The costs of creating and managing woodland varies. The size of the proposed scheme, trees planted, and the purpose of woodland affect costs.
Things to consider:
- design costs: e.g. consultancy fees;
- machinery costs;
- site/ground preparation: ripping or mounding, establishment of low vigour grassy turf;
- planting costs;
- cost of material (seedlings etc): trees from nurseries;
- tree protection: spiral shelter, tube + stake + tie;
- fencing: post and wire, post and rail, rabbit proof, deer proof;
- labour; and
- maintenance and upkeep: e.g. weed-free areas around the trees, replacements for failed trees, deer and rabbit control.
There is funding available to help with costs. Details of forestry options are available in our grants section.
Other benefits and costs to consider
Extra benefits from planting can include shelter, conservation, sport, amenity use and carbon sequestration.
The loss of agricultural production from the land has an associated opportunity cost. You can reduce this by planting less productive land, such as bracken.
Financial impact on land values
You might have concerns over the effects of planting on your land value. Trees and farming can be complementary. You can enhance the capital value of unproductive land by increasing woodland cover. This may depend on your circumstances.
Study into the impact of woodland creation on farm profitability
In 2010, Forestry Commission Scotland commissioned a report looking at the Impact of woodland creation on farm profitablility. This was to give guidance to farmers who are considering establishing woodlands.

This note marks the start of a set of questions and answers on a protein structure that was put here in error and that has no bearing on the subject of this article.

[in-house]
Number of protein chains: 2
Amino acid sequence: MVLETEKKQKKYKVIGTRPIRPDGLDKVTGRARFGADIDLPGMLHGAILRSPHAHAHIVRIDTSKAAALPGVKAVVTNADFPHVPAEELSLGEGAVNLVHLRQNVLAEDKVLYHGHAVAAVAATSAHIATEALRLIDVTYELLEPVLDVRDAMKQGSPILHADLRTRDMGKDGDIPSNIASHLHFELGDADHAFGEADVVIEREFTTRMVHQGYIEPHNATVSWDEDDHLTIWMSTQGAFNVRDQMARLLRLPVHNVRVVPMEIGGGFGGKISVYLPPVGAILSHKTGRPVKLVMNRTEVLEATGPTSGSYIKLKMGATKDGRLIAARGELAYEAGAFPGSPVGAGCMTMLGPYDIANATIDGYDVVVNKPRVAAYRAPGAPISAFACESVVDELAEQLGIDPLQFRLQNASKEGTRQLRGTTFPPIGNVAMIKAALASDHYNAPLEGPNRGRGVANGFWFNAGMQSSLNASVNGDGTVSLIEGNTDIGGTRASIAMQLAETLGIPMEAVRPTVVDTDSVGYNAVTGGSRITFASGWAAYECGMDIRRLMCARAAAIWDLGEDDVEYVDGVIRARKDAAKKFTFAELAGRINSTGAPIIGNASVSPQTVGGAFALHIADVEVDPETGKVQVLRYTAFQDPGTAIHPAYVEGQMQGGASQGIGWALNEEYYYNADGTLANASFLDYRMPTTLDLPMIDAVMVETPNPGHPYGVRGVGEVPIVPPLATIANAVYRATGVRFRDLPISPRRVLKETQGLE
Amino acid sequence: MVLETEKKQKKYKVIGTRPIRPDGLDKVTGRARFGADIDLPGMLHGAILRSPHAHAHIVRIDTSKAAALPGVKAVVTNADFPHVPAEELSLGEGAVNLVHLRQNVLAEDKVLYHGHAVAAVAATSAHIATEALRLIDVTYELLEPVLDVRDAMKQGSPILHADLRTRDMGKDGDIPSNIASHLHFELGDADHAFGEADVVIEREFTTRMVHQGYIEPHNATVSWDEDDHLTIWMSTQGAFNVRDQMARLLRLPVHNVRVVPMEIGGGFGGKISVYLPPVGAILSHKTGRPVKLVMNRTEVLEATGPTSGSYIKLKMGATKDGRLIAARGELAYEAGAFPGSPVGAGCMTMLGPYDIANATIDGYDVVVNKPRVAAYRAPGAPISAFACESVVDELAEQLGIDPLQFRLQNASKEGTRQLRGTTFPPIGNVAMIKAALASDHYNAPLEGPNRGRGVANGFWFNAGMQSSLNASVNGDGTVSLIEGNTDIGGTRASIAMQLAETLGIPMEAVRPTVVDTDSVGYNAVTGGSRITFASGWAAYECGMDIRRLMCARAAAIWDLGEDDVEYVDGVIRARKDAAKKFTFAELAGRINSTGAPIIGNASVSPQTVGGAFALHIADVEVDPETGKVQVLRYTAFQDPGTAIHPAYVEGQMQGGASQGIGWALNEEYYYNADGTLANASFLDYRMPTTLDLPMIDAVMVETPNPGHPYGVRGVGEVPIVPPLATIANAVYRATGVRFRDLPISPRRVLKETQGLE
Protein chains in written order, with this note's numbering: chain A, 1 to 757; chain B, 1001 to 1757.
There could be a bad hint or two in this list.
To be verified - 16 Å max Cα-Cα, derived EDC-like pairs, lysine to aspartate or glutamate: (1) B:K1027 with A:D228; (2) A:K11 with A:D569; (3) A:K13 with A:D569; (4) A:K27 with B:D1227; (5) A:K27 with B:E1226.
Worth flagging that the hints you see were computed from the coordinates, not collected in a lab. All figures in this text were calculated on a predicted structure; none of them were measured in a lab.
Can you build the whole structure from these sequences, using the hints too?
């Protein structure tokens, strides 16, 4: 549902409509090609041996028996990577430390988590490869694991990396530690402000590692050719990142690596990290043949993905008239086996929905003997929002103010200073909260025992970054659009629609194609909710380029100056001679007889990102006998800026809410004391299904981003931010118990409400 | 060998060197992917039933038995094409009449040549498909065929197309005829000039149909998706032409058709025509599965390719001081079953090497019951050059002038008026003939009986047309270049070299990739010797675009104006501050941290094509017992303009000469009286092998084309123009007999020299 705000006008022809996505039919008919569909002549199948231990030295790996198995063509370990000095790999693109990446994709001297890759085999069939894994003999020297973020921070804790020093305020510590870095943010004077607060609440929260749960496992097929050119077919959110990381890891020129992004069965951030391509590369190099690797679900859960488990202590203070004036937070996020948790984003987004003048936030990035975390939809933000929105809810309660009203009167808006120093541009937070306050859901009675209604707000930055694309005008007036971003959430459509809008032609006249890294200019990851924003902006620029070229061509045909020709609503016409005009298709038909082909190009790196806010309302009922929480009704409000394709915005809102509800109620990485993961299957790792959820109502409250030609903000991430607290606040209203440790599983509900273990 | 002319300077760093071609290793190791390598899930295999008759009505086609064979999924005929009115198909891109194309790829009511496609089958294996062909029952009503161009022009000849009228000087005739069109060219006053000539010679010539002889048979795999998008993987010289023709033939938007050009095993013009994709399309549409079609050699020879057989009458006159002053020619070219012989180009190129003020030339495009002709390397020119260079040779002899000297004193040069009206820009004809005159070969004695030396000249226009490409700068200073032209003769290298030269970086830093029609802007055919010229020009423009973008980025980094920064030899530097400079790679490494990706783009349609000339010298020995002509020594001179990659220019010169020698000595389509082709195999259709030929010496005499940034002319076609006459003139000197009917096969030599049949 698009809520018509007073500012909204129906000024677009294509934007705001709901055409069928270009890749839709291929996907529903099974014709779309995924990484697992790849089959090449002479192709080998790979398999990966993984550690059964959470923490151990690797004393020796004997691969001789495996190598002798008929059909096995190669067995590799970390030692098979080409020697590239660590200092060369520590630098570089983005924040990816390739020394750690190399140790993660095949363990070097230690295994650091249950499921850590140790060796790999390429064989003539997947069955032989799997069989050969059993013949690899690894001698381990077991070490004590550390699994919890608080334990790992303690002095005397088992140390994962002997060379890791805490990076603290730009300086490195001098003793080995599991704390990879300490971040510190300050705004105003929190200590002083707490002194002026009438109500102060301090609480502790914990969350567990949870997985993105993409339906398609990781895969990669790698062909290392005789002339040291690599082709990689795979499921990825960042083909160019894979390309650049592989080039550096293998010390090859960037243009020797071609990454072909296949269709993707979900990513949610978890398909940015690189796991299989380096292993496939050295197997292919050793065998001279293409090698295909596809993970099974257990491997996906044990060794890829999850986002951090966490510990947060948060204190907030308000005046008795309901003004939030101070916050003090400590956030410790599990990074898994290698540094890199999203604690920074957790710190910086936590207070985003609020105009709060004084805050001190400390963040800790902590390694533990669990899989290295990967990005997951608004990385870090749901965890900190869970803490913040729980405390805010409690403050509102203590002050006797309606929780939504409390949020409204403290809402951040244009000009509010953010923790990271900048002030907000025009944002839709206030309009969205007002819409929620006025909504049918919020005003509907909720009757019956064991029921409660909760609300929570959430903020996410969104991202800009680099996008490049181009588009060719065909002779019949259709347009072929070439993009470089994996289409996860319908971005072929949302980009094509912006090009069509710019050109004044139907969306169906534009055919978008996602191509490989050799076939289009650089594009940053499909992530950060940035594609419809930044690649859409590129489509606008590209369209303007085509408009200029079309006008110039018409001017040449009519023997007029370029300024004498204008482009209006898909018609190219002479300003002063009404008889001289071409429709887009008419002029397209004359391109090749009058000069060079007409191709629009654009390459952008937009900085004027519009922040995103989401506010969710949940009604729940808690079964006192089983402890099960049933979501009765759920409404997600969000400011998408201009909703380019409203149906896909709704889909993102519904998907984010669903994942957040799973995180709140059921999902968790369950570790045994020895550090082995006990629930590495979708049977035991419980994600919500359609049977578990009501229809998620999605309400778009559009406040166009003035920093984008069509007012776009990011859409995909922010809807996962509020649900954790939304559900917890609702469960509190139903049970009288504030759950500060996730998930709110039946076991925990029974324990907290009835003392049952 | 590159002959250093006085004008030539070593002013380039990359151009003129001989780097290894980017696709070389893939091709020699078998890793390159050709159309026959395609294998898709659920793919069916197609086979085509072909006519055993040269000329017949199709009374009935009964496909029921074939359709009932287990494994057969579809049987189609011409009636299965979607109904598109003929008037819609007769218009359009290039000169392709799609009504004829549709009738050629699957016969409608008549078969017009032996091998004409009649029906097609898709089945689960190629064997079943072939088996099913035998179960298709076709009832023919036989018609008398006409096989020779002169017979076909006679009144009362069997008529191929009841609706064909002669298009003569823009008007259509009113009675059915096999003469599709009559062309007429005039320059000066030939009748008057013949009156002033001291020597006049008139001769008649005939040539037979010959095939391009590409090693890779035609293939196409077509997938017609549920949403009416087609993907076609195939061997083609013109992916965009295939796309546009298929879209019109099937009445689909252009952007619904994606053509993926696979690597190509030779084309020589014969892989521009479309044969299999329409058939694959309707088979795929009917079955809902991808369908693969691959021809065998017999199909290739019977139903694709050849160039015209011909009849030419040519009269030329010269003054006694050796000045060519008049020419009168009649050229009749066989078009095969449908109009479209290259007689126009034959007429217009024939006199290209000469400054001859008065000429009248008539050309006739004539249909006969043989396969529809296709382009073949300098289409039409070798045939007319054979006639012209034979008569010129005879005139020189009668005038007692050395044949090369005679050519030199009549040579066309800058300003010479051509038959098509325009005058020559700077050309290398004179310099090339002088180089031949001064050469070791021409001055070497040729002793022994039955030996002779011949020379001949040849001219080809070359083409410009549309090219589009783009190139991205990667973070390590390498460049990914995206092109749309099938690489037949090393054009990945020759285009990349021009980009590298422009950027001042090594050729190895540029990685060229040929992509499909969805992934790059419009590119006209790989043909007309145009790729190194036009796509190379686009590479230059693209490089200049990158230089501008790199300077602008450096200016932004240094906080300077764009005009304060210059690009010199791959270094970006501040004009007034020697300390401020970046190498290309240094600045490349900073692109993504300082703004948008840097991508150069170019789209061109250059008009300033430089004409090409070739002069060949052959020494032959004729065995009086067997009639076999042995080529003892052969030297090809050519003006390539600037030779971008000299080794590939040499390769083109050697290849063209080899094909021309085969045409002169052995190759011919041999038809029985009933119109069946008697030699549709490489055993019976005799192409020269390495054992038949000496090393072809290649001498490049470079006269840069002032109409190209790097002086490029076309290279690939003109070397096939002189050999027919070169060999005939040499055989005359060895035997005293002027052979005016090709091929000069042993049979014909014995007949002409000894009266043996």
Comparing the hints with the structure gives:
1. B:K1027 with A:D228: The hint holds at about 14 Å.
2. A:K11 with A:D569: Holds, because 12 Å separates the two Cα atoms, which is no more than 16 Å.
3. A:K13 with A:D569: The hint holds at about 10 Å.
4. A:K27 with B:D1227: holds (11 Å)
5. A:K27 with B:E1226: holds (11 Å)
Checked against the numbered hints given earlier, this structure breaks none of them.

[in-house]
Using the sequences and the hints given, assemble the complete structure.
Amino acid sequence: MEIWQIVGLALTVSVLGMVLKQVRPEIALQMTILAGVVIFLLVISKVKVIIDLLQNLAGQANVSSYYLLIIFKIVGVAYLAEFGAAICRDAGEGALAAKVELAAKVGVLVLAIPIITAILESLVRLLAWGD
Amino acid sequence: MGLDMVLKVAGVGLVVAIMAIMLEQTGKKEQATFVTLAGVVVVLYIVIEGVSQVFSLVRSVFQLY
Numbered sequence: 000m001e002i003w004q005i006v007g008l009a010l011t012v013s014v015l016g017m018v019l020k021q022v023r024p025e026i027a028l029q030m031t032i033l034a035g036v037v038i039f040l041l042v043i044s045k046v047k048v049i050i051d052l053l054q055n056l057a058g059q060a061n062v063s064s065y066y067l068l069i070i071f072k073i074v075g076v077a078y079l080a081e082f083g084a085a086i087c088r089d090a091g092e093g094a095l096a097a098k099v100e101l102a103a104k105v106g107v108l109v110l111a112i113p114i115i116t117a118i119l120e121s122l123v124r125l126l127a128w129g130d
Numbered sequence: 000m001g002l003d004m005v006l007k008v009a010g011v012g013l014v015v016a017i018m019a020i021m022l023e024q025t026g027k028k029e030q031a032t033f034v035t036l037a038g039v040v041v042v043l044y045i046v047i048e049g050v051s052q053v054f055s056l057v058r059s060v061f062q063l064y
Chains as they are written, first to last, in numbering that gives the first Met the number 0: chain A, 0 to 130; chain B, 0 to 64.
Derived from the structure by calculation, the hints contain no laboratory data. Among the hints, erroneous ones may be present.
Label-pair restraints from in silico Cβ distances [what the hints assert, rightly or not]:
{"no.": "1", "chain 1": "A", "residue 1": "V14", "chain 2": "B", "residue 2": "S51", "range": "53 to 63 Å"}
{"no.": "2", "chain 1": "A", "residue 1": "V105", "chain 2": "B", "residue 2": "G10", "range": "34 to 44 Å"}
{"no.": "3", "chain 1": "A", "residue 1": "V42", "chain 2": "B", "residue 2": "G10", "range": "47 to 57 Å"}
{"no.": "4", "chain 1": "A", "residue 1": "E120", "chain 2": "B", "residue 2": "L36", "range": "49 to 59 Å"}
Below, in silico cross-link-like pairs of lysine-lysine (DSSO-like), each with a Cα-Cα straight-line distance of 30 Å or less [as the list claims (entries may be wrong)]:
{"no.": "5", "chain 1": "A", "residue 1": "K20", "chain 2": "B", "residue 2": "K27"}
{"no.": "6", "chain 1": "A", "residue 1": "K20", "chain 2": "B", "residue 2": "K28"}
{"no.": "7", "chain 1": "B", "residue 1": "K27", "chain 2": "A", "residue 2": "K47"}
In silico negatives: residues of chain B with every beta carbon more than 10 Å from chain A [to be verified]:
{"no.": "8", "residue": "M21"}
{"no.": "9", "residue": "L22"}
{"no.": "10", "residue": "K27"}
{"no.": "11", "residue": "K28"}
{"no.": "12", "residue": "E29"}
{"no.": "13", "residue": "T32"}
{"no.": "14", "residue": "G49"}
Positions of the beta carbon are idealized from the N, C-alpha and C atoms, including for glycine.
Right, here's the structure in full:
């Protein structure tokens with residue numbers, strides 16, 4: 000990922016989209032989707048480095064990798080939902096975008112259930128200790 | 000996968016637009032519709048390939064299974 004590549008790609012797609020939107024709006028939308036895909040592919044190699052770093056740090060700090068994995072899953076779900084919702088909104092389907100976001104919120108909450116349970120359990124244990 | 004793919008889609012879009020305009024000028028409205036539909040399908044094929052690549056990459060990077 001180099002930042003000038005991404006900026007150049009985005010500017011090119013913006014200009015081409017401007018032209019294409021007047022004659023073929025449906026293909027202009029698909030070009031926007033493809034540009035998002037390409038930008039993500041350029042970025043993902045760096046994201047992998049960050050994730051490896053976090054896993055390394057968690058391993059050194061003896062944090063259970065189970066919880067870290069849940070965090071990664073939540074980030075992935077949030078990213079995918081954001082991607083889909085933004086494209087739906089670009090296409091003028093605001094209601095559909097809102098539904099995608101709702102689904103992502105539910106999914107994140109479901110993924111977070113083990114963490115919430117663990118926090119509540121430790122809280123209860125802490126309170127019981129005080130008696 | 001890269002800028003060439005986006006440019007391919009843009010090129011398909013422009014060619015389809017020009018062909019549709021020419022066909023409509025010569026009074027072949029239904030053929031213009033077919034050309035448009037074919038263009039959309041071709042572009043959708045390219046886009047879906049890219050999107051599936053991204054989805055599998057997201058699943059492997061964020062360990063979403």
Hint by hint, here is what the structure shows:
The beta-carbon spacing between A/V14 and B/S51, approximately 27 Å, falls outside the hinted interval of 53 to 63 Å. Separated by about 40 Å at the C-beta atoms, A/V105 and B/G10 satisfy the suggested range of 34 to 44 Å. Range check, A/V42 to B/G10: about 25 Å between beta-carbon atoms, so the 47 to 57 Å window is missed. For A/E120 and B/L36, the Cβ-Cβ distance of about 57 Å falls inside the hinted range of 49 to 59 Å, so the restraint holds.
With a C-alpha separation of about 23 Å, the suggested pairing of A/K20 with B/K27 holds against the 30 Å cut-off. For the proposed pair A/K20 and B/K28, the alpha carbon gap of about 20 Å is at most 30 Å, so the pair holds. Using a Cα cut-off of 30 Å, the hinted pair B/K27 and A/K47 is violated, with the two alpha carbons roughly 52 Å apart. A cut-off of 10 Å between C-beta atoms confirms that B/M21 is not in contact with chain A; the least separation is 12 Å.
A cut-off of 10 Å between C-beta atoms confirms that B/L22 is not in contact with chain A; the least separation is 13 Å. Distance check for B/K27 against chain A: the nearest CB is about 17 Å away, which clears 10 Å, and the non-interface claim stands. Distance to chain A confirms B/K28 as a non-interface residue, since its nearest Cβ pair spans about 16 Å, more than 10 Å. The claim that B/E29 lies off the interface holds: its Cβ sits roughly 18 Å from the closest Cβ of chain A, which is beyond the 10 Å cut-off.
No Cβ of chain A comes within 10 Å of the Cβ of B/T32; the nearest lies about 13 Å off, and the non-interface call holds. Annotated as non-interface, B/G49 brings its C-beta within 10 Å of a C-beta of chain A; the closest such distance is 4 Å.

The study helps farmers' understand the how planting woods can impact their business. It explores the cost of woodland establishment, maintenance and grants. It also covers agricultural income foregone using 'farm models'. These are based on typical farm types in their land type.
It looks at other benefits (e.g. shelter, sporting, wood fuel and carbon sequestration) and the potential market value of woodland after 10/15 years.
Who can I contact for more information?
- Contact your local Scottish Forestry office.
- The Woodland Trust offers advice and support for those considering farm woodlands.
- The Scottish Agricultural College provides expert advice on all aspects of the SRDP scheme. They can guide you through the process. To discuss SRDP options contact the local Farm Business Service Office.
- The Institute of Chartered Foresters provide information and guidance to the public and industry.
- The Confederation of Forest Industries (ConFor) helps build the market for timber, timber products and forest services.